US soldiers
© AFP 2017/ Noorullah Shirzada
It still remains unclear whether it's the Pentagon's negligence or a well-calculated scheme that facilitates the "uncontrolled" spread of US weapons across the Middle East, Africa and Central Asia, RIA Novosti contributor Alexander Khrolenko writes.

There is something suspicious about Washington's inability to control the proliferation of its weapons across the Middle East, Africa and Central Asia, RIA Novosti contributor Alexander Khrolenko noted, commenting on Amnesty International's recent report regarding US arms transfers.

On May 24, non-governmental human rights organization Amnesty International drew attention to a now declassified Department of Defense (DoD) audit obtained by the watchdog following Freedom of Information requests.

The government audit conducted in 2016 indicated that the US Army "failed to keep tabs on more than $1 billion worth of arms and other military equipment in Iraq and Kuwait."

"It makes for especially sobering reading given the long history of leakage of US arms to multiple armed groups committing atrocities in Iraq, including the armed group calling itself the Islamic State," Patrick Wilcken, Amnesty International's Arms Control and Human Rights Researcher, pointed out.

However, the Pentagon rushed to refute the accusations.

"We did NOT lose/fail to keep tabs on $1 billion of equipment...nowhere in that report does it say we lost equipment," Defense Department spokesperson Eric Pahon told Sputnik on Thursday.

"Today, the department tracks the origin, shipping and in-country distribution of all weapons provided to Afghanistan and Iraq," Pahon said, adding that the Pentagon inventories each weapon arriving in Afghanistan and Iraq and records its distribution to the foreign partner nation.

While the accuracy of the Amnesty International report raises questions in the eyes of the US Department of Defense, there have been numerous reports in the press ringing alarm bells over the mysterious disappearance of US weapons.

Khrolenko cited the Washington Post's 2015 report about Pentagon's losing track of $500 million of weapons and equipment provided to Yemen.

"The Pentagon is unable to account for more than $500 million in US military aid given to Yemen, amid fears that the weaponry, aircraft, and equipment are at risk of being seized by Iranian-backed rebels or al-Qaeda," the media outlet wrote.

While the Pentagon declined to comment on the issue, a defense official, speaking on the condition of anonymity, told the media outlet that "even in the best-case scenario in an unstable country, we [DoD] never have 100 percent accountability."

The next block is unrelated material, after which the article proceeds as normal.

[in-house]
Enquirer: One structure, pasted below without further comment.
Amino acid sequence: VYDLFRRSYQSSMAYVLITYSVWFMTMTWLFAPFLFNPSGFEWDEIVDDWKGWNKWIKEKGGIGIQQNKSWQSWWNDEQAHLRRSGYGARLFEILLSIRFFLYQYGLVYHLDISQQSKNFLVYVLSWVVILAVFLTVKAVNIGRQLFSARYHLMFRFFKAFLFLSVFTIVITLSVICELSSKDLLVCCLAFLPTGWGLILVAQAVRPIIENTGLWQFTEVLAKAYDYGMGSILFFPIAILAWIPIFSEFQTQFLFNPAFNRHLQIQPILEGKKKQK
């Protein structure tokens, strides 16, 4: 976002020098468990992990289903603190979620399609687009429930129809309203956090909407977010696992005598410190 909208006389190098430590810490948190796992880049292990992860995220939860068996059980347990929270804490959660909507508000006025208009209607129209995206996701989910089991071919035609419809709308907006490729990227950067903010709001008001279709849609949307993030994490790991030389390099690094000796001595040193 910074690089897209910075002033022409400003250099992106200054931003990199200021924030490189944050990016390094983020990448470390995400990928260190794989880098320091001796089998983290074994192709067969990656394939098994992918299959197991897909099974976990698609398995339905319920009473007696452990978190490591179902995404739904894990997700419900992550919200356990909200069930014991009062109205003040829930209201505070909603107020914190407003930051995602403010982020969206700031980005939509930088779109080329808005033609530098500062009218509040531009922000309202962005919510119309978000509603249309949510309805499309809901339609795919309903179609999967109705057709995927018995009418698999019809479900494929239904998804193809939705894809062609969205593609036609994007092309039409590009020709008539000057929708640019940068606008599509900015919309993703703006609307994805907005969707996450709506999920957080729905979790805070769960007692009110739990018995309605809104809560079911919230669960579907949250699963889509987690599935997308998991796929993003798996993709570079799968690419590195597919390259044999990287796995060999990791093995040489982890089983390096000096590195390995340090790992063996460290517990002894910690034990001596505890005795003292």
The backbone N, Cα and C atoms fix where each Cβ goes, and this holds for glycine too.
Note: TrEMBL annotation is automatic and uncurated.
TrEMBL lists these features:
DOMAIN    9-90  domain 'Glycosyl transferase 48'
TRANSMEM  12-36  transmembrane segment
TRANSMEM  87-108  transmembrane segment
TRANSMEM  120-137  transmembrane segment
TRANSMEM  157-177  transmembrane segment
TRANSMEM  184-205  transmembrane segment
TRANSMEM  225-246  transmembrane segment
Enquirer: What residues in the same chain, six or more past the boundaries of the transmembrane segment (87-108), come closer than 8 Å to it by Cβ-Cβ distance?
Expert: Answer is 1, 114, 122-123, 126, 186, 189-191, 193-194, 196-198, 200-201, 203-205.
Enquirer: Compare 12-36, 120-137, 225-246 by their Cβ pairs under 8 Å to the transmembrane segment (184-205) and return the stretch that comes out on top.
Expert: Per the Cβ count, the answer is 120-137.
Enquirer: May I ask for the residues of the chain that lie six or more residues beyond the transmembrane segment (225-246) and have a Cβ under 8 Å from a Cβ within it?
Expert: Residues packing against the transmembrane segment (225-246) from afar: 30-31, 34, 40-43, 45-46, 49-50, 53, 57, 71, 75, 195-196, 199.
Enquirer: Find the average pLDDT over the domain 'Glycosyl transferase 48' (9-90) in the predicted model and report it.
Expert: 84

US losing weapons political cartoon
© Sputnik/ Vitaliy Podvitskiy
Back in October 2014, the newspaper revealed how the Pentagon accidentally delivered weapons intended for Kurdish fighters to Daesh (ISIS/ISIL) near the Syrian border town of Kobane by an airdrop.

"The incident highlights the difficulty in making sure all airdrops are accurate, even with GPS-guided parachutes that the Air Force commonly uses," the article summarized.

In addition, the US weapons have repeatedly found its way into the hands of Daesh and al-Nusra Front terrorists together with "moderate" Syrian rebels defectors backed by the US.

For instance, as The Telegraph reported in September 2015, the US-trained Division 30 rebels in Syria betrayed Washington and handed their weapons to al-Nusra Front after being granted safe passage.

Khrolenko recalled that in September 2016 German newspaper Kolner Stadt-Anzeiger published an interview with Abu Al Ezz, al-Nusra Front's (also known as Jabhat Fatah al-Sham) commander who claimed that the US had provided the terrorist group with TOW anti-tank missiles.

Predictably, Washington dismissed the report.

Although one might throw Abu Al Ezz's interview into doubt, facts on the ground indicate that Syrian and Iraqi Islamist groups have somehow obtained US-made TOWs and Stingers.

"Jihadists in Iraq and Syria have modern US-made anti-tank TOW systems and portable anti-aircraft missile systems (MANPADS) Stinger," Khrolenko pointed out, adding that similarly, US-made M4 assault rifles have also ended up in the hands of Islamic extremists.

Likewise, it is still shrouded in secrecy how Daesh fighters managed to seize a variety of US weapons and sensitive radio equipment in Afghanistan in August 2016.

"It is obvious that the flaws in American weapons deliveries, which [the Pentagon] has overlooked for years, have led to the uncontrolled spread of arms in the Middle East and Africa. Shadow shipments through third countries, as well as secrecy and distortion of information, contribute to the 'disappearance' of weaponry," Khrolenko observed.

"Perhaps, this is a system, a business scheme," he assumed.

According to the journalist, terrorism provides the US omnipotent military-industrial complex with a stable income. "No one will buy lots of weapons if there is lasting peace," the journalist explained.

"Apparently, the US and NATO are unable to fully control the consequences of their actions in the Middle East, but the predictable profits of the military-industrial complex are still under control. New American president [Donald Trump] will not change this scheme; obviously, he cannot change anything due to objective circumstances," the journalist wrote, predicting that the Pentagon will continue to "lose" its weapons in conflict zones.